With lives being lived on a burner, especially in metropolitan cities, it’s no wonder that our minds and bodies feel the impact of its fury. Burnout is the body’s response to constant levels of high stress and produces feelings of hopelessness, powerlessness, cynicism, resentment and failure. Stagnation and reduced productivity are its by-products too.
“Typically burnout victims define themselves only by the work they do. That is the first stage of this symptom” says Dr Anjali Chhabria, a leading psychiatrist and psychotherapist. “They are unable to derive pleasure from any other activity or situation, and even if they sit at home, they tend to revolve around their work. They think and talk about their work most of the time. And suddenly they may experience symptoms of anxiety – they might not want to work at all, which leaves them shocked. They need to stop and refuel. These people need to stop and look where they are going instead of just walking aimlessly.”
It doesn’t happen overnight
In most cases, burnout is the result of unrelenting stress. Victims typically take on more work or commitments than they can realistically handle, creating a high pressure situation. With its continued and insistent impact on the mind and body, this overload sucks away all the pleasures of work and living, leaving behind only a residue of exhaustion, anger, cynicism and despair.
Deeply ingrained attitudes to work, habits of working, and faulty notions of success drive victims to get scorched.
So how do you know you are on the brink of burnout? How do you know you have reached a point of no-return – that if you don’t mend your working ways, things will not work for you anymore?
Hallmarks of burnout
Characteristically, burnout has three hallmarks: extreme exhaustion, increased social withdrawal, cynicism and decreased productivity.
Here are some tell-tale symptoms: You feel physically and mentally drained. You eat too much or too little. Same is with sleep. You are suspicious, uncertain, flare up quickly and take increased risks. Frequent headaches or gastrointestinal problems are also some of the symptoms. Generally you feel as if you are losing control over all areas of your life.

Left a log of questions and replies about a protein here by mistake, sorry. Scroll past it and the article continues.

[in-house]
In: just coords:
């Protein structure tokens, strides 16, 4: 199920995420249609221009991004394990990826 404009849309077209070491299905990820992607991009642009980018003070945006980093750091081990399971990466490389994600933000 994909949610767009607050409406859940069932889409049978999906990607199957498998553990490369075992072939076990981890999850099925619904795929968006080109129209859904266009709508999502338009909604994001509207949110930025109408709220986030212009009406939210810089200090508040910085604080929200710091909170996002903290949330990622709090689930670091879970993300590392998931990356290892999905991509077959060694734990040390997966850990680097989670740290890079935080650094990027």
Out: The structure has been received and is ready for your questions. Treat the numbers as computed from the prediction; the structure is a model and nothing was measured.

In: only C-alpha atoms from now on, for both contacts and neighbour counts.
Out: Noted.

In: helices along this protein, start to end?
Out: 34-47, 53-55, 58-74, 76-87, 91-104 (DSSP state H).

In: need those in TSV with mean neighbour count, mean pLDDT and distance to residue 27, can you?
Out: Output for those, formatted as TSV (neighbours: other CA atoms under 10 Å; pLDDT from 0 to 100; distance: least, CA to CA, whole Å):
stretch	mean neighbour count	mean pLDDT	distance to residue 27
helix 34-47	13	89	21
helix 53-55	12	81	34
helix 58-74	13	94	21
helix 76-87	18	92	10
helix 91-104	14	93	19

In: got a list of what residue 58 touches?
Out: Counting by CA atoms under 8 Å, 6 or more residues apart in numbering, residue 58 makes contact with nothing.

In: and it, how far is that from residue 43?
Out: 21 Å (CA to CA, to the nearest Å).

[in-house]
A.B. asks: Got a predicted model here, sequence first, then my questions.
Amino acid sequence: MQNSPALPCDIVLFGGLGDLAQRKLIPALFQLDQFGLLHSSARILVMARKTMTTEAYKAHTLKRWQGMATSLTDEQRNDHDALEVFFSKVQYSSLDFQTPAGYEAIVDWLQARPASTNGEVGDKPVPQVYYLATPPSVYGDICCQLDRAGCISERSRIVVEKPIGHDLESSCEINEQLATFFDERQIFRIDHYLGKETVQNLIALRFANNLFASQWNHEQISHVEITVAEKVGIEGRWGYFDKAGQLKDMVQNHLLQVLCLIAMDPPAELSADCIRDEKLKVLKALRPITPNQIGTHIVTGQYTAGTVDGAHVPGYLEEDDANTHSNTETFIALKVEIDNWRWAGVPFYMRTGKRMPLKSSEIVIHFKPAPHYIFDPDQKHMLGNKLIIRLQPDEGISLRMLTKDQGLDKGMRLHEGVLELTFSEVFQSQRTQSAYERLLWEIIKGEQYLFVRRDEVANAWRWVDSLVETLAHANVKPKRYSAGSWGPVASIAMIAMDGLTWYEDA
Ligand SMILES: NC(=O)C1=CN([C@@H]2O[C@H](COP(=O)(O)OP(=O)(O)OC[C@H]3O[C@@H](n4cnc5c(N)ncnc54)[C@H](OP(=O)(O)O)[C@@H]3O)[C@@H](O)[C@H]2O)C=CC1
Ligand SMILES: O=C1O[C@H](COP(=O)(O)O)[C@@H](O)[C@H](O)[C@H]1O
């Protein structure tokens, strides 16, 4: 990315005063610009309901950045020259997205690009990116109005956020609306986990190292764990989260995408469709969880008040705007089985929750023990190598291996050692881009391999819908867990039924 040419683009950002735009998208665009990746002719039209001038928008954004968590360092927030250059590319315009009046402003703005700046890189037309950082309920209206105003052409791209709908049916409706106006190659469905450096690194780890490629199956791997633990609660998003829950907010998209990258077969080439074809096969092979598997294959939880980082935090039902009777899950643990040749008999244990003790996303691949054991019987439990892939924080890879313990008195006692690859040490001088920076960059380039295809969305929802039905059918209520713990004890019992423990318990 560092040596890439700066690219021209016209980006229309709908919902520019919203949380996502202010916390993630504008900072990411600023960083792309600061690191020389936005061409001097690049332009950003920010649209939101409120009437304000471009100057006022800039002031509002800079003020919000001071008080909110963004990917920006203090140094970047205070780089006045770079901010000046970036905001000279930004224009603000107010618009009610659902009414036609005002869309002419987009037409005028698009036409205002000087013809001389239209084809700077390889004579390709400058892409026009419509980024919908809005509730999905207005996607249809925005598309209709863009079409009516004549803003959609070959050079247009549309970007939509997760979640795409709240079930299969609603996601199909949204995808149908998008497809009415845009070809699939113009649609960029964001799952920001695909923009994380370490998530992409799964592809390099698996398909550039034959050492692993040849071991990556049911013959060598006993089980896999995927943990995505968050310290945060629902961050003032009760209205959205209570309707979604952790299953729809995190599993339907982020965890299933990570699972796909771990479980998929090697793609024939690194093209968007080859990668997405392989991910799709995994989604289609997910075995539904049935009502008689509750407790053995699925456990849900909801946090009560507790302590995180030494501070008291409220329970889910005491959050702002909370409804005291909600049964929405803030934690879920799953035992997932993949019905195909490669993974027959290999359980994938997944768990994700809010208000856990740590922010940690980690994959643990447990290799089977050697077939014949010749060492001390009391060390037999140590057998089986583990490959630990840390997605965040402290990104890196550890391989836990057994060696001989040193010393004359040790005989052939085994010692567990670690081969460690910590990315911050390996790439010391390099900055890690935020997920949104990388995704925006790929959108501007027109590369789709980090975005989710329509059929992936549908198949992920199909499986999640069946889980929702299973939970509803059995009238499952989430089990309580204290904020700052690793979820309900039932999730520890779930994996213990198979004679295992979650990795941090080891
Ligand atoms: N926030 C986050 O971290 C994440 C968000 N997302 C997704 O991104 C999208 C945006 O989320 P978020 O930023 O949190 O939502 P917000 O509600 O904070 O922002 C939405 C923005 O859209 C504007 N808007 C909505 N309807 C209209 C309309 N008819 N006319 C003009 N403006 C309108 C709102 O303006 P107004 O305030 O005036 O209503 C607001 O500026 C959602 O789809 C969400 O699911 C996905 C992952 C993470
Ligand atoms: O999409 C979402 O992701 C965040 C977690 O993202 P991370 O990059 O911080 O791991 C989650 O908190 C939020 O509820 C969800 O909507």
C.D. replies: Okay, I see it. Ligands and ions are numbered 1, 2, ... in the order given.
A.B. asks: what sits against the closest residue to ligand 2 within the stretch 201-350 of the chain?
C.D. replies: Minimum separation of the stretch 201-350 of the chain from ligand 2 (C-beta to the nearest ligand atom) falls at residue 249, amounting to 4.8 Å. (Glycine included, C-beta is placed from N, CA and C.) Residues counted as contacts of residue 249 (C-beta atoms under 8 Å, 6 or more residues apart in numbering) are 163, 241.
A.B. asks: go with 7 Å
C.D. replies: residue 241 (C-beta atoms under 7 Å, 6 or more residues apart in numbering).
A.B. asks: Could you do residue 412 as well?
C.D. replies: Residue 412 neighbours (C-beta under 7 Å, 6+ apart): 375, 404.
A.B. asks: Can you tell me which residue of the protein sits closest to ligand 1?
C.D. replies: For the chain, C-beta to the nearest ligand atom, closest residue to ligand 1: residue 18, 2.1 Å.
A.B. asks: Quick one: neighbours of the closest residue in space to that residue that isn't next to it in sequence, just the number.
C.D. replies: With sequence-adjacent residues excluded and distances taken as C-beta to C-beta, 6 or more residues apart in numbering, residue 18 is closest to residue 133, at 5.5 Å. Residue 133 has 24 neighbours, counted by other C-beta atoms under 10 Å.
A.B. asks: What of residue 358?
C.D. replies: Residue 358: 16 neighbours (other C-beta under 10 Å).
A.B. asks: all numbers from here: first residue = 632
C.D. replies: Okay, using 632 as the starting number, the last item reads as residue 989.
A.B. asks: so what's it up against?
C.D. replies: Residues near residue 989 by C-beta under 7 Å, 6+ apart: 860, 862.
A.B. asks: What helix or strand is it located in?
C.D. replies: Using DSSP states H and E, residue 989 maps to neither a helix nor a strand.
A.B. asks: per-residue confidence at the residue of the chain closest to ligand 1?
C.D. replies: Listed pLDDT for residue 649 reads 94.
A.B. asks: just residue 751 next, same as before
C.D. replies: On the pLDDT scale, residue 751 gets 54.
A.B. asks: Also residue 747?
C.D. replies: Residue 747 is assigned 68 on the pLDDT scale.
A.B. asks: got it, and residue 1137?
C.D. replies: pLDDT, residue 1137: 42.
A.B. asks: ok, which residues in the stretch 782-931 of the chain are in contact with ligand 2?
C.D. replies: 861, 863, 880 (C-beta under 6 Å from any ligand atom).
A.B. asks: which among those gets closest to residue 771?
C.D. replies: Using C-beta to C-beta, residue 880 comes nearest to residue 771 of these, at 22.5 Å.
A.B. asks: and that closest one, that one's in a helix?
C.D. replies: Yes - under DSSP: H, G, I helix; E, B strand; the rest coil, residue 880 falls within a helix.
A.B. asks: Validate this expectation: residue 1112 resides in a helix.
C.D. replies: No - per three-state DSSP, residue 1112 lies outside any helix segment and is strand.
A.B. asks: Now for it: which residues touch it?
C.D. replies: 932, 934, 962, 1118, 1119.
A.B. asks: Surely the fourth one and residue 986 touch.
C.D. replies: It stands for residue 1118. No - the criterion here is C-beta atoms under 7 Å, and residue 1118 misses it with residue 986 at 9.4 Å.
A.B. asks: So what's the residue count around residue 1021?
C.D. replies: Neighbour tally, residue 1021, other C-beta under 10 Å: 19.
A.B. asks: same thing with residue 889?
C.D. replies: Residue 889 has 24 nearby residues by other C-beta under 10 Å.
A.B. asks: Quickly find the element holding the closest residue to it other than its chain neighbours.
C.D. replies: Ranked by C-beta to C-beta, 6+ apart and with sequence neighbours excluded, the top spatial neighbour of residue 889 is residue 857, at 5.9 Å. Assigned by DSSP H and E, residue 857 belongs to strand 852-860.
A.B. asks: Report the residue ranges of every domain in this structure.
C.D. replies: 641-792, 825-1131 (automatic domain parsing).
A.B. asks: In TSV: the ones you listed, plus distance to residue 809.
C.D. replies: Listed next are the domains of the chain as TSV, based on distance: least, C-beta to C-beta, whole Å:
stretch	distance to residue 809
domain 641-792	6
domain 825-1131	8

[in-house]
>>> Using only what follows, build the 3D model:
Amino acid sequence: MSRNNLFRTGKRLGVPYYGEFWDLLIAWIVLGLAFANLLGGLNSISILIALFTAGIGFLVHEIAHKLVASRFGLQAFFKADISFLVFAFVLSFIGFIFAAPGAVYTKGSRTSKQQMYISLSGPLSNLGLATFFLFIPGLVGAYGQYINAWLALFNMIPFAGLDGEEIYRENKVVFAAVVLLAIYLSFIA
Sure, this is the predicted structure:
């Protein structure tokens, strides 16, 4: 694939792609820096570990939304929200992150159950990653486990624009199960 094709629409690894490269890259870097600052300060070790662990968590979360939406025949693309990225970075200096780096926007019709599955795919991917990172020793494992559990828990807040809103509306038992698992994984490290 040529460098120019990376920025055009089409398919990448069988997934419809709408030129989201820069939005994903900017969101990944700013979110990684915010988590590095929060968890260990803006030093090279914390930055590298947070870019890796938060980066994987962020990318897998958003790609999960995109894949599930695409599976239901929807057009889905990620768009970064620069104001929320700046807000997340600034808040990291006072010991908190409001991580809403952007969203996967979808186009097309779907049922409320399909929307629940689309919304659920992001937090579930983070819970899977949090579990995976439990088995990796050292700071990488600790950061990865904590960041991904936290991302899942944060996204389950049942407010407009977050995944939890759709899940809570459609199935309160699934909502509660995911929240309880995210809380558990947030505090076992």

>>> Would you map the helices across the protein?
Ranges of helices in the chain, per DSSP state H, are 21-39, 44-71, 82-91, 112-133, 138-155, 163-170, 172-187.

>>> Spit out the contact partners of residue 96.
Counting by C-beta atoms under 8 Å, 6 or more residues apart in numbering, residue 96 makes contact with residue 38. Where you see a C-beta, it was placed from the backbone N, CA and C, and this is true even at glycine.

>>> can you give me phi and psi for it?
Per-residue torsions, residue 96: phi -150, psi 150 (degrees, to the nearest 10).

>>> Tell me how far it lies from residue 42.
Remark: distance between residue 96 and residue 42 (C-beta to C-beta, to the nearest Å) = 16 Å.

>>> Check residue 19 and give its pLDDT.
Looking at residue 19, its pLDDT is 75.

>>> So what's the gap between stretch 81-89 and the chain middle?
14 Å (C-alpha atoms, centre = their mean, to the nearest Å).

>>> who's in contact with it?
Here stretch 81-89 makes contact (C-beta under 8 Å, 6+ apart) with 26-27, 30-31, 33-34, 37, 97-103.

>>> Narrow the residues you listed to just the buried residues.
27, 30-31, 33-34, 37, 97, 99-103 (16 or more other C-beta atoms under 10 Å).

Research indicates that highly demanding jobs with constant crises, multiple responsibilities and lack of organisation support mechanisms cause job burnout. However, work with no challenges and variations also leads to the same effect.
Working conditions like corporate expectations, role ambiguities, lack of occupational feedback and recognition can and do drive people to the edge. But personal factors like low self-esteem, mental rigidity and poor management skills along with one’s financial and marital stability also play a vital role in tilting the scales towards burning out slowly and stealthily.
Coming home from work irritable, snapping at anyone who’s in the firing range, watching television mindlessly, staring into space, finding fault with most things are some of the unsuccessful ways the victims deal and cope with their feelings of powerlessness.
Vijay Bhand, a leading corporate trainer is periodically called by several organisations to help people overcome burnout situations. “We assist people by stress management workshops or counselling sessions. However, people can also help themselves by diverting their minds and pursuing other interests or setting and achieving other priorities.”
Prevention is better than cure
While burnout treatments include medication and intensive counseling, you can prevent this modern day disorder from knocking your door. You can either change the situation at your workplace, or alter your state of mind.
These tips will help you do so:
- Change your job profile or simply switch jobs. Clarify job responsibilities and expectations. Stick to them.
- If you think you genuinely need a break, take it – go on a vacation, catch up on movies, read books – recharge, refuel and keep your mind as calm as possible.
- Demarcate time in the day when you can unplug from all work related activities. Actively stick to it or get someone to reinforce the same.
- Work on personal growth – both at home and on the job. This includes cultivating other interests, practicing stress reducing techniques like meditation and exercise.
- Accept that you are burnt out – do not deny or fight the fact. Only by dealing with it in a constructive way will you be able to actually get better.
- Cultivate a support system – colleagues at work, personal friendships, someone with whom you can vent out and discuss the issues that plague you. Try resolving the issues.
- Commit to leaving work at office – do not bring it home. Even in your mind. Simply the act of “switching-off” everyday will rejuvenate you.
As technology shrinks the world, and more can be accomplished in a shorter span than before, ironically, it has spawned situations that affect the human psyche at detrimental levels.
Job burnout is a new age disorder – but one that has an age old remedy. So chill out.
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